Our version of Spicy Dan Dan Noodles retain all the tangy sesame-chili flavor, saucy ground meat topping, and chewy noodles we adore in the classic version but we use more pantry staples and give it a boost in the health department. By swapping out ground pork for ground chicken and whole-wheat noodles instead of white-flour Chinese noodles, we make this a dish you don’t have to feel guilty enjoying.
Spicy Dan Dan Noodles
Let’s eat all the Spicy Dan Dan Noodles, but let’s make them healthier, more pantry-friendly, and a little bit easier to make. Deal?
Our version of Spicy Dan Dan Noodles include aldente whole-wheat noodles coated in a make-your-eyes-teary sesame/chili sauce infused with hints of cinnamon, star anise, and warm cloves. We take the noodles and top them with an equally tear-inducing ground chicken mixture swimming in the same addictive sauce, but with an extra kick of garlic, ginger, and chili oil. It’s the perfect combination of spicy, tangy flavor, and texture.
Which brings us to….What are Dan Dan Noodles??
We hit on most of the key points of spicy dan dan noodles above, but if you’re not familiar, they’re a classic Chinese Sichuan noodle dish. Typically it’s made with ground pork coated in a spicy chili and sesame-infused sauce that’s served over chewy white noodles. Most versions use Sichuan peppercorns or peppers, Ya Cai (pickled mustard greens), and five spice powder which can be very difficult to find in most grocery stores.
This means, that in trying to replicate my favorite Dan Dan Noodle dish at home, I came to a sad conclusion: They’re just not that practical to make. However, with a few pantry swap outs, I think we’ve managed to stay true to the classic flavor and preparation of Spicy Dan Dan Noodles, and there’s no doubt the flavor in general, out-of-this-world delicious.
We split the sauce up into two different bowls – the dan dan noodle sauce for the meat and the dan dan noodle sauce for the noodles. In many Dan Dan Noodle recipes you’ll see across the internet and restaurants, the noodles are left plain, and the saucy meat is spooned on top. I’m a more is more kind of person, so we toss the sauce with the meat AND the noodles. Both versions of the sauce have the same ingredients, so we will list them that way below, although they are in different quantities for each purpose. Here’s what you’ll need:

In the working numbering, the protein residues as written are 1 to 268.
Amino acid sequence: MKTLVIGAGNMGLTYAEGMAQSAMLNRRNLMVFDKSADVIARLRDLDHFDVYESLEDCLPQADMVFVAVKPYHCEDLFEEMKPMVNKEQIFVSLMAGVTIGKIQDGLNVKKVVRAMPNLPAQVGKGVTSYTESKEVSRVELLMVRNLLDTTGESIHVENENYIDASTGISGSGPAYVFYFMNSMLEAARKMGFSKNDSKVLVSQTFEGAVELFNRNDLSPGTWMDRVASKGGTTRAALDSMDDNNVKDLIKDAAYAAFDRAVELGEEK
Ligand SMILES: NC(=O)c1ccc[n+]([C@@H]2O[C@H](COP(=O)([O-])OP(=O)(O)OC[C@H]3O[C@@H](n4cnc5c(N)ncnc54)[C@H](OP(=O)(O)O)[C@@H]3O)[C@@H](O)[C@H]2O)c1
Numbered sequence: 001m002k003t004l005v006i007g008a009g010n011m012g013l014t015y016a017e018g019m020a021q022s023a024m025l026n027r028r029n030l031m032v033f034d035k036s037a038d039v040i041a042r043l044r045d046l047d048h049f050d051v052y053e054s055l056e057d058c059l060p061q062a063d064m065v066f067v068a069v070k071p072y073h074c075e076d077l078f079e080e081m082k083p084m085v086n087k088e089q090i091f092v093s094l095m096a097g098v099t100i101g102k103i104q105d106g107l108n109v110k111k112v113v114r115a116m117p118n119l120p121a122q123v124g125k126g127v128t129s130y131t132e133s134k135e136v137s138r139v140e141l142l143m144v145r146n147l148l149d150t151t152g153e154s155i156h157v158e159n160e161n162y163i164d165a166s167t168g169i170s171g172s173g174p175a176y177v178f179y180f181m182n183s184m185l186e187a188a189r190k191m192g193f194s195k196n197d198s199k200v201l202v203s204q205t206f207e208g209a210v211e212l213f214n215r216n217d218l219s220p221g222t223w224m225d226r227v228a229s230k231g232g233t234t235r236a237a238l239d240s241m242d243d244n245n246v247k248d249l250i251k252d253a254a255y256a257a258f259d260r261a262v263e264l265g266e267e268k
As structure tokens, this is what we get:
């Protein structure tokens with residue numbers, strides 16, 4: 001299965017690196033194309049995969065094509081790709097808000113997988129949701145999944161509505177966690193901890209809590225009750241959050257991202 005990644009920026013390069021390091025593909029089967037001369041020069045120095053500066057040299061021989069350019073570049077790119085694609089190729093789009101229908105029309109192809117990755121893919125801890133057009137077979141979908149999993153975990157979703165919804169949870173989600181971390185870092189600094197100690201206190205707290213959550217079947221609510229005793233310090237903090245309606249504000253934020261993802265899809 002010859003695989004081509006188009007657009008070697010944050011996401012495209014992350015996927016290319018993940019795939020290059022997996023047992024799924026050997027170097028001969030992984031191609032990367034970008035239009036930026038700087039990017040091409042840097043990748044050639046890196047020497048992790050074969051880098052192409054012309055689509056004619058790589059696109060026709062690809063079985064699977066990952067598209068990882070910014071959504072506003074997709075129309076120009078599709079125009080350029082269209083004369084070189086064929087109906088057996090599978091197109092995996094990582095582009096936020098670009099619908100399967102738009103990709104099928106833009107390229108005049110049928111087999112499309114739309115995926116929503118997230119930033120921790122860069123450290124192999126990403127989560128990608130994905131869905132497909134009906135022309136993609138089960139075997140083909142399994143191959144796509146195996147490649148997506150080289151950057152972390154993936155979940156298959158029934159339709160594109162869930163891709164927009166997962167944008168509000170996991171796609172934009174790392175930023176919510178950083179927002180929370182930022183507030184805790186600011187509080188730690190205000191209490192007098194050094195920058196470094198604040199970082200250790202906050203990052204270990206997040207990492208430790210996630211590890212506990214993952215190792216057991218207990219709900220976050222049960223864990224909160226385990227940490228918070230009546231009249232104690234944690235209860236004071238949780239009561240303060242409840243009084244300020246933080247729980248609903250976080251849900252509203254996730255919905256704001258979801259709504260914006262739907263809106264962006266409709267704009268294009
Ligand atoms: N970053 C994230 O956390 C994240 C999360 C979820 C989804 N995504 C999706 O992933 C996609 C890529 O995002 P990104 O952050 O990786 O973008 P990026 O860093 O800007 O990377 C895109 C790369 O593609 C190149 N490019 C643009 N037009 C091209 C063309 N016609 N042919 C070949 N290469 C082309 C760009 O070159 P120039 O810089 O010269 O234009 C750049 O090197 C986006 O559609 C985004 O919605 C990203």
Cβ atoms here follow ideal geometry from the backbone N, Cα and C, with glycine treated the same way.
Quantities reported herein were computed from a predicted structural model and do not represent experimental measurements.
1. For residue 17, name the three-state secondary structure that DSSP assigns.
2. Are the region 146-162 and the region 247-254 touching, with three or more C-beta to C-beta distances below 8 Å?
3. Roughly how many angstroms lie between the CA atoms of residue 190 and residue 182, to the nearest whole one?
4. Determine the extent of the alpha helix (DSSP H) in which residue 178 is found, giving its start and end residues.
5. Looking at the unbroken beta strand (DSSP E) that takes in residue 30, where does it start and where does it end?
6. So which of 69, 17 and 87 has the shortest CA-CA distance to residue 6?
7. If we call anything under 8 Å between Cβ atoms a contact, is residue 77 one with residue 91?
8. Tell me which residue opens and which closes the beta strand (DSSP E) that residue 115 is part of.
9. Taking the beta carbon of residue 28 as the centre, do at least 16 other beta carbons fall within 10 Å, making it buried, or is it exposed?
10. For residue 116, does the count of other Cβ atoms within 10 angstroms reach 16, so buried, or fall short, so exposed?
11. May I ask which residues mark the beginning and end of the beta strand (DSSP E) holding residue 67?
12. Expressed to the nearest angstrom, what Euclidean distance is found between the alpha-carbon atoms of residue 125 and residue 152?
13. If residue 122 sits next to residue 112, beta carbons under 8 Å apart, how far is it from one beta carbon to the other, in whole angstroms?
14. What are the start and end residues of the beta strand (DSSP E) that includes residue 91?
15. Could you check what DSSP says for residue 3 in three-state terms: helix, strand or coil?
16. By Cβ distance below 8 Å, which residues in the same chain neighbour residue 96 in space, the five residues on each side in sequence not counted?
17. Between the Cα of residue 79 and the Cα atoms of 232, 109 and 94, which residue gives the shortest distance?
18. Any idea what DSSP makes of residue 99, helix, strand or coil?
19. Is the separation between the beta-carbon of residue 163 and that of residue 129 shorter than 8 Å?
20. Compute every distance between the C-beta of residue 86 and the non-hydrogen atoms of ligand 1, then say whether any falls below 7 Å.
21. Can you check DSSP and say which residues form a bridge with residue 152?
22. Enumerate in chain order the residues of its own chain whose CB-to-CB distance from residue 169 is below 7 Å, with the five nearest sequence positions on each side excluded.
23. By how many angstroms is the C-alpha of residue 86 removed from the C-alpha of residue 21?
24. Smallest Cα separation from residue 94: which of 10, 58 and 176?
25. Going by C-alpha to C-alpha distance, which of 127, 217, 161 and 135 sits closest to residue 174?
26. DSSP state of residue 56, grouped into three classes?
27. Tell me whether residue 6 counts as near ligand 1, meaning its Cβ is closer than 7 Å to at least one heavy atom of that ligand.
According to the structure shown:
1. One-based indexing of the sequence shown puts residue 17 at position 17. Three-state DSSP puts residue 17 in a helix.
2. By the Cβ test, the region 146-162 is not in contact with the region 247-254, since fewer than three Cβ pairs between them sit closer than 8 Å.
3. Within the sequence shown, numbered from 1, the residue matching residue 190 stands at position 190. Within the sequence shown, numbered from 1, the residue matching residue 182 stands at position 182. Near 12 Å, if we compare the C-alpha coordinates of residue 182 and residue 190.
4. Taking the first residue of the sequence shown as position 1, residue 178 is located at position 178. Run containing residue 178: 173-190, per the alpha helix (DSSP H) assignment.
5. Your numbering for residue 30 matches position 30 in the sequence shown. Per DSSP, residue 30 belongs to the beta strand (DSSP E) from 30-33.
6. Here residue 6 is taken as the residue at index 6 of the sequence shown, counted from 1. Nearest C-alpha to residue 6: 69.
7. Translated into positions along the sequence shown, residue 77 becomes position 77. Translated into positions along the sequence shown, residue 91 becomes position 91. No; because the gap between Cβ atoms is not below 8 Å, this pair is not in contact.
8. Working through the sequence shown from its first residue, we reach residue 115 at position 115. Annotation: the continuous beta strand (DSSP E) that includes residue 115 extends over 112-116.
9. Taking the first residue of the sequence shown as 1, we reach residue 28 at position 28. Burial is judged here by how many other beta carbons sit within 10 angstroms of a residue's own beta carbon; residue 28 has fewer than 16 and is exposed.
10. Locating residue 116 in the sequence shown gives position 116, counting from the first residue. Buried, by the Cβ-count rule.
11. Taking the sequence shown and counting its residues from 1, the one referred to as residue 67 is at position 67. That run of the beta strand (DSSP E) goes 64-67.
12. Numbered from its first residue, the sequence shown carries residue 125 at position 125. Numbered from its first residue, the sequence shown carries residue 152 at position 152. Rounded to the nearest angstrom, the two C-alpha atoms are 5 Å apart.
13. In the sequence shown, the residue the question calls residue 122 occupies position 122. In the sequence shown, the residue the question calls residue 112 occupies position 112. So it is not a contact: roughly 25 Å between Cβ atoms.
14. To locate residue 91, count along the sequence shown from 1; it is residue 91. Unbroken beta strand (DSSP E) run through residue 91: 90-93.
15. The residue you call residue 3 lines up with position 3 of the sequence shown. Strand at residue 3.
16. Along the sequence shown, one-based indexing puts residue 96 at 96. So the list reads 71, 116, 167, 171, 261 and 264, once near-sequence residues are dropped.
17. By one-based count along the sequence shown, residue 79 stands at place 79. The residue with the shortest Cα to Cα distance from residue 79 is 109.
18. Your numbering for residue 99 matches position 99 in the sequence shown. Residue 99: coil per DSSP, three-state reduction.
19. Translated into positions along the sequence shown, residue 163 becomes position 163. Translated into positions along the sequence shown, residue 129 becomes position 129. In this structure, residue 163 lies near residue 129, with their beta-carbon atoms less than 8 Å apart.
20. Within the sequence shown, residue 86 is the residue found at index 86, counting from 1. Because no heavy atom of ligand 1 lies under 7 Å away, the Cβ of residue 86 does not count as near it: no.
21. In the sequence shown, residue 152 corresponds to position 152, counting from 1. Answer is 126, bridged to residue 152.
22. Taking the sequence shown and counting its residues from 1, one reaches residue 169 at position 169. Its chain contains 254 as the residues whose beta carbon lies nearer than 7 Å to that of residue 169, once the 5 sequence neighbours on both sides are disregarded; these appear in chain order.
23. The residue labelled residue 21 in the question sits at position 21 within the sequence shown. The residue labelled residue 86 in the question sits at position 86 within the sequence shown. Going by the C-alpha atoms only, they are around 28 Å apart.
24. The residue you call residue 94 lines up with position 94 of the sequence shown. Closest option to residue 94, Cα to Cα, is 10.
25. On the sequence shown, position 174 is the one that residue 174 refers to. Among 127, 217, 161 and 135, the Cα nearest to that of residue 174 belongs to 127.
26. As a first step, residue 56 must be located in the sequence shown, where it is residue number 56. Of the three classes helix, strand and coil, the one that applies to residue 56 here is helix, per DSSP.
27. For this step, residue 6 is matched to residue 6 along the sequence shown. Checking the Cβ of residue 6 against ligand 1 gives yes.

Ingredients in Dan Dan Noodles Sauce
Hoisin. Hoisin is something I always have on hand, since it’s a one-stop-shop kind of ingredient that adds infinite flavor and complexity to Asian dishes. It’s a compound of many ingredients, including fermented soy beans, soy sauce, sesame oil, garlic, chili, honey, and chili peppers. It has a lovely balance between sweet, salty, and almost sour which is perfect in our spicy dan dan noodles.
Soy Sauce. As we’ve mentioned before, we have switched from soy sauce lover to full-time tamari enthusiast. Tamari is slightly less salty than soy sauce, and I find it has a more well-rounded savory flavor as well. Of course, any kind of soy sauce will work.
Tahini. This ingredient was a surprise to me when I first started making Dan Dan Noodles. It’s subtle, so it’s not something I initially picked out when trying it out at various restaurants, but now it makes sense. It adds a lovely undertone of sesame and nuttiness to the dan dan sauce, and now I want to throw a little bit into all of my favorite Asian noodle dishes.
Honey. With every spicy/acidic dish, you need a little bit of sweetness to balance it out. Nine out of ten times, I’ll go with honey and today is no exception.
Spices. In a true dan dan noodle recipe, you’ll usually find Chinese Five Spice Powder and Sichuan Peppercorns. Because these are ingredients that aren’t commonly found at your average grocery store, I swapped them out for some things you won’t have trouble finding. Star anise is a lovely spice that adds a little bit of sweetness along with an very subtle anise flavor. We also use a cinnamon stick and a few whole cloves for a bit of warmth.